Angiography has for decades been the gold standard to assess the morphology and severity of atherosclerotic lesions in the coronary tree. Nevertheless, quantitative angiographic measurements can be deceptive, since this technique only allows the assessment of the shape of the lumen.1 Indeed, coronary angiography as a standard for the assessment of coronary artery disease has two major limitations: first, visual assessment of stenosis severity has high intraobserver and interobserver variabilities; secondly, there is a clear discrepancy between the appearance of the opacified vascular lumen and the actual degree of atherosclerosis. The common finding of mild diffuse disease that involves the whole length of the opacified coronary tree, without a remnant diseasefree reference segment, makes the lumen appear as if it was an atherosclerosis-free area. Although quantitative coronary assessment (QCA) has reduced the visual error, it is known that at the site identified by QCA as the proximal boundary of the lesion, there may exist a 50% area stenosis when such a segment is analyzed by intravascular ultrasound (IVUS).2 Thus, IVUS is the gold standard for evaluation of coronary plaque, lumen, and vessel dimensions; it provides an accurate, reproducible, real-time, tomographic assessment of the vessel wall.3-5 However, although visual interpretation of gray-scale IVUS can characterize plaque composition, particularly calcification, it cannot reliably differentiate lipid-rich from fibrous plaque.4 In contrast, IVUS radiofrequency (RF) data analysis (IVUS virtual histology or IVUSVH) can accurately characterize four tissue types in atherosclerotic plaques.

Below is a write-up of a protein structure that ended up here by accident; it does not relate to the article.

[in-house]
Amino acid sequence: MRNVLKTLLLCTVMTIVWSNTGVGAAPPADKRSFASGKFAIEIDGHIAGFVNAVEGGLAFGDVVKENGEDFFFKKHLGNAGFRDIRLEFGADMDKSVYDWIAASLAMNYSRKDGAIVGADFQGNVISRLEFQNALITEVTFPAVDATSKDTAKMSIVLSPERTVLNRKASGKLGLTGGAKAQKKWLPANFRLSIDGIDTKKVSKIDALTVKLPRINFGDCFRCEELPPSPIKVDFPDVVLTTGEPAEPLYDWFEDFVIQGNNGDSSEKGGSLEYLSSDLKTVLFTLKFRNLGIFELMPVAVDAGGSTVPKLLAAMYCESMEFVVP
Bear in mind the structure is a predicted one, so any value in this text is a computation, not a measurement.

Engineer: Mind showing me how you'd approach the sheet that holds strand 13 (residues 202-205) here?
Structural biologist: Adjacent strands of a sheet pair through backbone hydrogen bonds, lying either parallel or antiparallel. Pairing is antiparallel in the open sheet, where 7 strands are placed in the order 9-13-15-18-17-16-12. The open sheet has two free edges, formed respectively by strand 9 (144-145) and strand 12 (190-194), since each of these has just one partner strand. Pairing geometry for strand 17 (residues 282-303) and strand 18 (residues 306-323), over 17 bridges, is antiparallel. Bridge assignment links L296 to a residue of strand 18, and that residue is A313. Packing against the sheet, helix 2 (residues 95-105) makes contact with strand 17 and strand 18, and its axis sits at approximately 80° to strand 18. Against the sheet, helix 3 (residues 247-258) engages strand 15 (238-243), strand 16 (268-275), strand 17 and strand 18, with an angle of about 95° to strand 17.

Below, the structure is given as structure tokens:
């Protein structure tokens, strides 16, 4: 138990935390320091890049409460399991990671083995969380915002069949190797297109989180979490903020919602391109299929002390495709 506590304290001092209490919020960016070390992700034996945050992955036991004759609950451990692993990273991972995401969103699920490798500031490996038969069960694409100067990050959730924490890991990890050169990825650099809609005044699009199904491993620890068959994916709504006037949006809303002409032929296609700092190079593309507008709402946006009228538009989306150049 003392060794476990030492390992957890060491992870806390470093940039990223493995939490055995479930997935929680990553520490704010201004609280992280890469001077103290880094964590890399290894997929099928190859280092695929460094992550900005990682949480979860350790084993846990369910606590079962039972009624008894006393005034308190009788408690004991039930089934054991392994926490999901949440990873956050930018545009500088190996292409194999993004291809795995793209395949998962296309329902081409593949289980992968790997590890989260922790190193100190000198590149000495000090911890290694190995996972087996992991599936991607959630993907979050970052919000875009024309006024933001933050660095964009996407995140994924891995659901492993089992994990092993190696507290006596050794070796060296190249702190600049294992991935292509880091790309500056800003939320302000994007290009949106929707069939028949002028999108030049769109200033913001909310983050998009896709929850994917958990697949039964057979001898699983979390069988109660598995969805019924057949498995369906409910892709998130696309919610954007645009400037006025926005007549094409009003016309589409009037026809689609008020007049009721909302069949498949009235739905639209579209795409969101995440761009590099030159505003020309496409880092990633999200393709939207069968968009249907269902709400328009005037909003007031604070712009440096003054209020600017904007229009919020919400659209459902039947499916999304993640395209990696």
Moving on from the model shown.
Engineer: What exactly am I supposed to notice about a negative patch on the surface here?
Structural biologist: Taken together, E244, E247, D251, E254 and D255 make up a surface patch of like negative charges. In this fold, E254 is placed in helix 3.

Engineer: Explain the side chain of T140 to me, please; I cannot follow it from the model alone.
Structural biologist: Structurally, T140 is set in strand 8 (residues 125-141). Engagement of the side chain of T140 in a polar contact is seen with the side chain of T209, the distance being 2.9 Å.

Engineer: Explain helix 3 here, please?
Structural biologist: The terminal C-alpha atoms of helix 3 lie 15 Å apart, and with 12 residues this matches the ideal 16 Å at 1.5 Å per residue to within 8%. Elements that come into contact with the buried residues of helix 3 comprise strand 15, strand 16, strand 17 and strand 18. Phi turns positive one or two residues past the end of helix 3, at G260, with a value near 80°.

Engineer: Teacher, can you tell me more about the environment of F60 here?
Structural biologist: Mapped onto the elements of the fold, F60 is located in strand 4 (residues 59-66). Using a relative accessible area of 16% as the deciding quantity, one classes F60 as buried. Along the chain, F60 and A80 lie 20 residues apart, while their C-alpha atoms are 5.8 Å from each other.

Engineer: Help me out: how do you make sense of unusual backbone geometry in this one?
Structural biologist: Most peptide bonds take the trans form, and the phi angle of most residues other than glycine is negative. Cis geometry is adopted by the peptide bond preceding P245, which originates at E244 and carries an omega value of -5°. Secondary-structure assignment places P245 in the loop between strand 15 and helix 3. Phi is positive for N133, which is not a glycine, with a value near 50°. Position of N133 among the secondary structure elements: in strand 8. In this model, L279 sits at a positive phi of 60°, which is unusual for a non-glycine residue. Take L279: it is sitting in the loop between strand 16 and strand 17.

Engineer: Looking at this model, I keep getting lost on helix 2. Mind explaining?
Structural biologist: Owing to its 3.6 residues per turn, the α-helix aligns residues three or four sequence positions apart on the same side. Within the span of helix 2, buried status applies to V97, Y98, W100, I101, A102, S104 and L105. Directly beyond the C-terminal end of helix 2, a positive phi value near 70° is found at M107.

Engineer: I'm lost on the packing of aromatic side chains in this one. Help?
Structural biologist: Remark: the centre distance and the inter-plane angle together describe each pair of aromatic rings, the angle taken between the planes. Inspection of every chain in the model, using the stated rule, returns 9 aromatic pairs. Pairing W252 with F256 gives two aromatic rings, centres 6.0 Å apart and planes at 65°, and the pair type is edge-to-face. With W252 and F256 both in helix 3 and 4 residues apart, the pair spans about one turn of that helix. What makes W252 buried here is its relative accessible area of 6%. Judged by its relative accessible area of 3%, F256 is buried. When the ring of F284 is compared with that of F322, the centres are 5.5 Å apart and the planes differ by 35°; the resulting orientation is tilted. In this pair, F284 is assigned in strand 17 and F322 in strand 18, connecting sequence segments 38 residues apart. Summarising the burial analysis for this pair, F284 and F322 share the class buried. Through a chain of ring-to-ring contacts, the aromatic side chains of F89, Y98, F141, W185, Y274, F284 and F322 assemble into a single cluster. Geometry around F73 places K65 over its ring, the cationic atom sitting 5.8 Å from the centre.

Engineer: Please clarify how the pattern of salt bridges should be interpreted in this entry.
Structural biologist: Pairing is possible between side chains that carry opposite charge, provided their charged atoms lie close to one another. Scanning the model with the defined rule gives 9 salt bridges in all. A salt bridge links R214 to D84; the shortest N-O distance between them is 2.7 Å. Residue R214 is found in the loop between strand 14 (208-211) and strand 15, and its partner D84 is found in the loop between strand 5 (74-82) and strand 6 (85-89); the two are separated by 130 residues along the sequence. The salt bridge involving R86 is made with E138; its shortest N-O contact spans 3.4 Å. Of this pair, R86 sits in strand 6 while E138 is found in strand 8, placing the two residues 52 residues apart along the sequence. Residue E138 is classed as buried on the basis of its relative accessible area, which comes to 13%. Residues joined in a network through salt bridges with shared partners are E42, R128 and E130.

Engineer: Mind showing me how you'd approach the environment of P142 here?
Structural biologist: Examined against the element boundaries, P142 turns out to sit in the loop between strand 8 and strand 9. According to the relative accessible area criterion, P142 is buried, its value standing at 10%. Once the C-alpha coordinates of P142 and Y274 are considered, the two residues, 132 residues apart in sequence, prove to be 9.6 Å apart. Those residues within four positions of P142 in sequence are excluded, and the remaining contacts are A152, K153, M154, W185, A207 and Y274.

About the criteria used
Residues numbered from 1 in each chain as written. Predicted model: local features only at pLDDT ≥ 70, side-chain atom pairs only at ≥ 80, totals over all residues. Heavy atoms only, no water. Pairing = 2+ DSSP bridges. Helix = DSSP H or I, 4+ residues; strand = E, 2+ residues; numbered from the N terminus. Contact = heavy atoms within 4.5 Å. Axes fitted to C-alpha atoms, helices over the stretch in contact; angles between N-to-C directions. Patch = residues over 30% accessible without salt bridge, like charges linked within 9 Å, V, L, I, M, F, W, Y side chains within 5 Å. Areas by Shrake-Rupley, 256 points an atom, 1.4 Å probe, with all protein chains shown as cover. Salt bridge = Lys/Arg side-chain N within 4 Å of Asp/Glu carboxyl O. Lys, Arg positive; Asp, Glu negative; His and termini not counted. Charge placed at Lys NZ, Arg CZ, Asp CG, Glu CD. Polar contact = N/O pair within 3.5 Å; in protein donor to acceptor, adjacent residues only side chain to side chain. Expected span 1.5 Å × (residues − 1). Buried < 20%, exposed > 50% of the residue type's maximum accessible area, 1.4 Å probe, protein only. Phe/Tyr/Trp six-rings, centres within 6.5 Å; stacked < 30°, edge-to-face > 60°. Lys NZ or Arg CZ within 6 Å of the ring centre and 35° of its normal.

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Garcia-Garcia, H.M, Kukreja, N, & Serruys, P.W.J.C. (2007). Virtual histology. In Handbook of the Vulnerable Plaque, Second Edition (pp. 223–232). Retrieved from